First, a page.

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Raking & Making Salt

The large, shallow, stone-bordered ponds in the middle of Grand Turk are not just nesting sites for flamingos and other brilliant birds: They are salinas, abandoned artifacts of the salt industry, which ruled the Grand Turk and Salt Cay economies for 300 years. The salt industry began with seasonal salt-rakers coming to the TCI from Bermuda in the late 1600s and lasted until commercial exploitation of the salinas ended in the 1960s. Grand Turk and Salt Cay, the original salt-producing islands, have several natural, shallow, inland depressions (salinas) that filled with salt water directly from the sea or percolated up from underlying rock. Bermudians improved the natural salinas, making them into rock-bordered salt pans or ponds. Salt was made by letting seawater into the salinas through sluice gates located at the beach. Water was concentrated by evaporation in one pond, then concentrated again in a second. The slushy brine was then let into smaller drying pans, where the salt crystallized. The cycle took about 90 days from start to finish, but "crops" for each set of pans were spaced by the individual stages into 20- to 30-day periods. Workers raked the crystallized salt into piles and shoveled it into wheelbarrows. Raking salt under the midday sun was an incredibly labor-intensive business, and many who worked the salt (including a number of slaves) were felled by the brutal conditions.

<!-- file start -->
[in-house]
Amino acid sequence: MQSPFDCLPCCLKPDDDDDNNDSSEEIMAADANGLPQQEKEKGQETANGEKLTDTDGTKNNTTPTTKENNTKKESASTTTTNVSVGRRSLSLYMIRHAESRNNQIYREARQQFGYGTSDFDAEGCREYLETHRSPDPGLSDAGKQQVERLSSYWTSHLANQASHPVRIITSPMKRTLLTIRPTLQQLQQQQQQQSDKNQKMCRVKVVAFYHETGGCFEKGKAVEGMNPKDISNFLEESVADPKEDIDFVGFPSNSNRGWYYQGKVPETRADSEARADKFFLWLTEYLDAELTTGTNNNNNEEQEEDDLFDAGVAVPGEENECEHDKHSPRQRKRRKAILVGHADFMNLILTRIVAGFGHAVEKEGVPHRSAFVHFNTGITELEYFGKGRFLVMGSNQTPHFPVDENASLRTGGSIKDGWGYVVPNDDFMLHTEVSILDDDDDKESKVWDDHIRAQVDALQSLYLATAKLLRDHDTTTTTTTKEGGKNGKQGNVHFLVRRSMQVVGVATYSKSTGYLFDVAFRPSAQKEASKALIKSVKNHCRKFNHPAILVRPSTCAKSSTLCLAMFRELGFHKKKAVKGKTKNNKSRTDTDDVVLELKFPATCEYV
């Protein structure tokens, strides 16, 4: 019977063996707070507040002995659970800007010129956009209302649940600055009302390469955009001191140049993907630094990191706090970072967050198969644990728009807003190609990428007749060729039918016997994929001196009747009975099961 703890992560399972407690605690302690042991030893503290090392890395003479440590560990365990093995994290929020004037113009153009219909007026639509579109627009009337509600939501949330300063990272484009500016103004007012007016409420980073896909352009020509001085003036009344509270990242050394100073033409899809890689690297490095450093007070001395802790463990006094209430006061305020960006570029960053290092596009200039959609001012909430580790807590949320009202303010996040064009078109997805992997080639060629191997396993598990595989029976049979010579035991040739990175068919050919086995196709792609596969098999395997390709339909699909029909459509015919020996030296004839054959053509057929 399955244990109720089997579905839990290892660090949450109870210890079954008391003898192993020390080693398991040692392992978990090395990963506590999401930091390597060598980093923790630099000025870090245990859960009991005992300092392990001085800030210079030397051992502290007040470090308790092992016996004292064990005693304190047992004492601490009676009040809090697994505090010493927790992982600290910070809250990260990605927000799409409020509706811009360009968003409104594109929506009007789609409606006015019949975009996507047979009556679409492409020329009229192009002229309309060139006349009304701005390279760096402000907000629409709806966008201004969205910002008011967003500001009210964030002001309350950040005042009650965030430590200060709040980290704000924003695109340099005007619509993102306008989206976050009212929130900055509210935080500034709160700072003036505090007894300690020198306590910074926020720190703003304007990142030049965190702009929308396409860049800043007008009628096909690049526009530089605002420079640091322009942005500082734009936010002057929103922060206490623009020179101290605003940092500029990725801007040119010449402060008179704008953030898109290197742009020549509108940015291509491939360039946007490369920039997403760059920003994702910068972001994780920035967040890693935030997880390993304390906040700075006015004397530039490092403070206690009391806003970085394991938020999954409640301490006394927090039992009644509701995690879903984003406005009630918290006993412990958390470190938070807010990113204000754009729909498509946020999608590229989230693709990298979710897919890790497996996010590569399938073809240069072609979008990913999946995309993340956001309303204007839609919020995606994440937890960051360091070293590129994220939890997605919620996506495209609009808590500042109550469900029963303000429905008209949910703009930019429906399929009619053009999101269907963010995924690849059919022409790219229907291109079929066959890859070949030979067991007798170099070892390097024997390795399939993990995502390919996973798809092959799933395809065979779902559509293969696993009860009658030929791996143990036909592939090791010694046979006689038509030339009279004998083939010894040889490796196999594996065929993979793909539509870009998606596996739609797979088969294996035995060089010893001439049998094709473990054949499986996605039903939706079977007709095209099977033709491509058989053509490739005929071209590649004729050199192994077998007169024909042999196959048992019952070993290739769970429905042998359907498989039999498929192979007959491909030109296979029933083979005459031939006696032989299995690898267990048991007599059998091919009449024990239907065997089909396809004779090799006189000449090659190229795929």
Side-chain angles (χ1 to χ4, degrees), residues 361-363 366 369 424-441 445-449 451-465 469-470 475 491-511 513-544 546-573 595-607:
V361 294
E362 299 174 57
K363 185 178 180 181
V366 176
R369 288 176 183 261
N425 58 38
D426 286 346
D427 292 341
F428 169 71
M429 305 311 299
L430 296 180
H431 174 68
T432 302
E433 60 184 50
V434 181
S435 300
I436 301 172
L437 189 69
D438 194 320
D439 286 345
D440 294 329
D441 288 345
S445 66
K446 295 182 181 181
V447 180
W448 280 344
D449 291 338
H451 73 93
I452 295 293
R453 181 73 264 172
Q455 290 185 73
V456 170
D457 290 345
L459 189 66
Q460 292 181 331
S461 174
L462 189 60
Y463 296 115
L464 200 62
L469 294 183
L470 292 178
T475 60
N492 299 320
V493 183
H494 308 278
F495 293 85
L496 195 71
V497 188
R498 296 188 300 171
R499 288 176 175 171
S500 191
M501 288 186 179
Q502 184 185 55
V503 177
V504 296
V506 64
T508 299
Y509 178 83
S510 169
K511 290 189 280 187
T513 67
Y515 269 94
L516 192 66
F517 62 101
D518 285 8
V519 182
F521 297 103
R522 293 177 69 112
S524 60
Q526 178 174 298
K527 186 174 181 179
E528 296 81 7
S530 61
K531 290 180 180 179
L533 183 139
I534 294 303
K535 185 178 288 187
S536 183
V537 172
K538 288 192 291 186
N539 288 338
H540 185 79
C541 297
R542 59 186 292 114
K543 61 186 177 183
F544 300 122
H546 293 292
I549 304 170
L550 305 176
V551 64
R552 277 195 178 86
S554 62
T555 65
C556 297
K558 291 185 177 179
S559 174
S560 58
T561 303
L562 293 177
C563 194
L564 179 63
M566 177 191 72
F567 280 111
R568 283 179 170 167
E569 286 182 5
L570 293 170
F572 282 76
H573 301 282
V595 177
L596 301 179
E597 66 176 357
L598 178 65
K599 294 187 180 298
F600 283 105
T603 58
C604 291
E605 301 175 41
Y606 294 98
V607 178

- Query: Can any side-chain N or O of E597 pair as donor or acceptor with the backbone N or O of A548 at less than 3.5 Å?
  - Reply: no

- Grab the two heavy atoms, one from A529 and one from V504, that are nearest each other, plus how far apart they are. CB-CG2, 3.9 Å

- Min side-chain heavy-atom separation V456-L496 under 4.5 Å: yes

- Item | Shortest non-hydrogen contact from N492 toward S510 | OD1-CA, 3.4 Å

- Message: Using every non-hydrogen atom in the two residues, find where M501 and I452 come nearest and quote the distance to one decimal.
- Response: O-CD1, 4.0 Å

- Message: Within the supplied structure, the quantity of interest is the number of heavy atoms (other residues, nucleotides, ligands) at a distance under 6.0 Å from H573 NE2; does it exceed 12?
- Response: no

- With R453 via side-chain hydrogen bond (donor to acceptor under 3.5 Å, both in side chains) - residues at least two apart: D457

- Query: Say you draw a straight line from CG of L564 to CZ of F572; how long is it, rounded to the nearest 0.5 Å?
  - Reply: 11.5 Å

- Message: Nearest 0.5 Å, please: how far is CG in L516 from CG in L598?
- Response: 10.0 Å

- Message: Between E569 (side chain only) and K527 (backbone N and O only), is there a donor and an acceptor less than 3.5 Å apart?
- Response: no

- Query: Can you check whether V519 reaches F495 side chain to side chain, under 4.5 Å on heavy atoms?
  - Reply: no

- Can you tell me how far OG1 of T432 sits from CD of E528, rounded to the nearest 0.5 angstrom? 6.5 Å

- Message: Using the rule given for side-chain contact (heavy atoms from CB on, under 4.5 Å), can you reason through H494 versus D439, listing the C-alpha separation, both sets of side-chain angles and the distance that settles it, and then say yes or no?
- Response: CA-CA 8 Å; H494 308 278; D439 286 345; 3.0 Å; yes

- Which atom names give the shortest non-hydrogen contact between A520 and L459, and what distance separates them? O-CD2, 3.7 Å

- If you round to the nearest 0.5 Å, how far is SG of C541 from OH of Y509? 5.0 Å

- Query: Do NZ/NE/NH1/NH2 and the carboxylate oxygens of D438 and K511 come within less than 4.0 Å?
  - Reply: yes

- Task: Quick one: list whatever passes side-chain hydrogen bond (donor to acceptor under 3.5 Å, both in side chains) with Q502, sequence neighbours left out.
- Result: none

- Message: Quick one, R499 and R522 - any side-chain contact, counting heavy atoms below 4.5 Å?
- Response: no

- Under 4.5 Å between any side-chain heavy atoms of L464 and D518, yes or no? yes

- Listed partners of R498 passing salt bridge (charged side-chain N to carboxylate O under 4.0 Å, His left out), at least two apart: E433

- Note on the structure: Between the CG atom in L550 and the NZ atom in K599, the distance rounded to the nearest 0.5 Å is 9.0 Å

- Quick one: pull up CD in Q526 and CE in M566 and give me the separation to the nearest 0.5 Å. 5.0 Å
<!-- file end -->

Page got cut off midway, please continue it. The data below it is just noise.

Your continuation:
Who used all this salt? From the time of the first European settlements in North America to the middle of the 1800s, salt was a critical food-preservation item. The United States was dependent upon salt imports to some degree until almost the end of the 19th century. The relative importance of the Turks islands, however, dwindled as the demand for salt expanded. Dwarfed by the demand and other producers and unable to expand pond acreage, mechanize loading, or achieve economies of scale, the salt industry in the Turks islands finally collapsed in the 1960s after 300 years of production.

-- Courtesy of the Turks & Caicos National Museum


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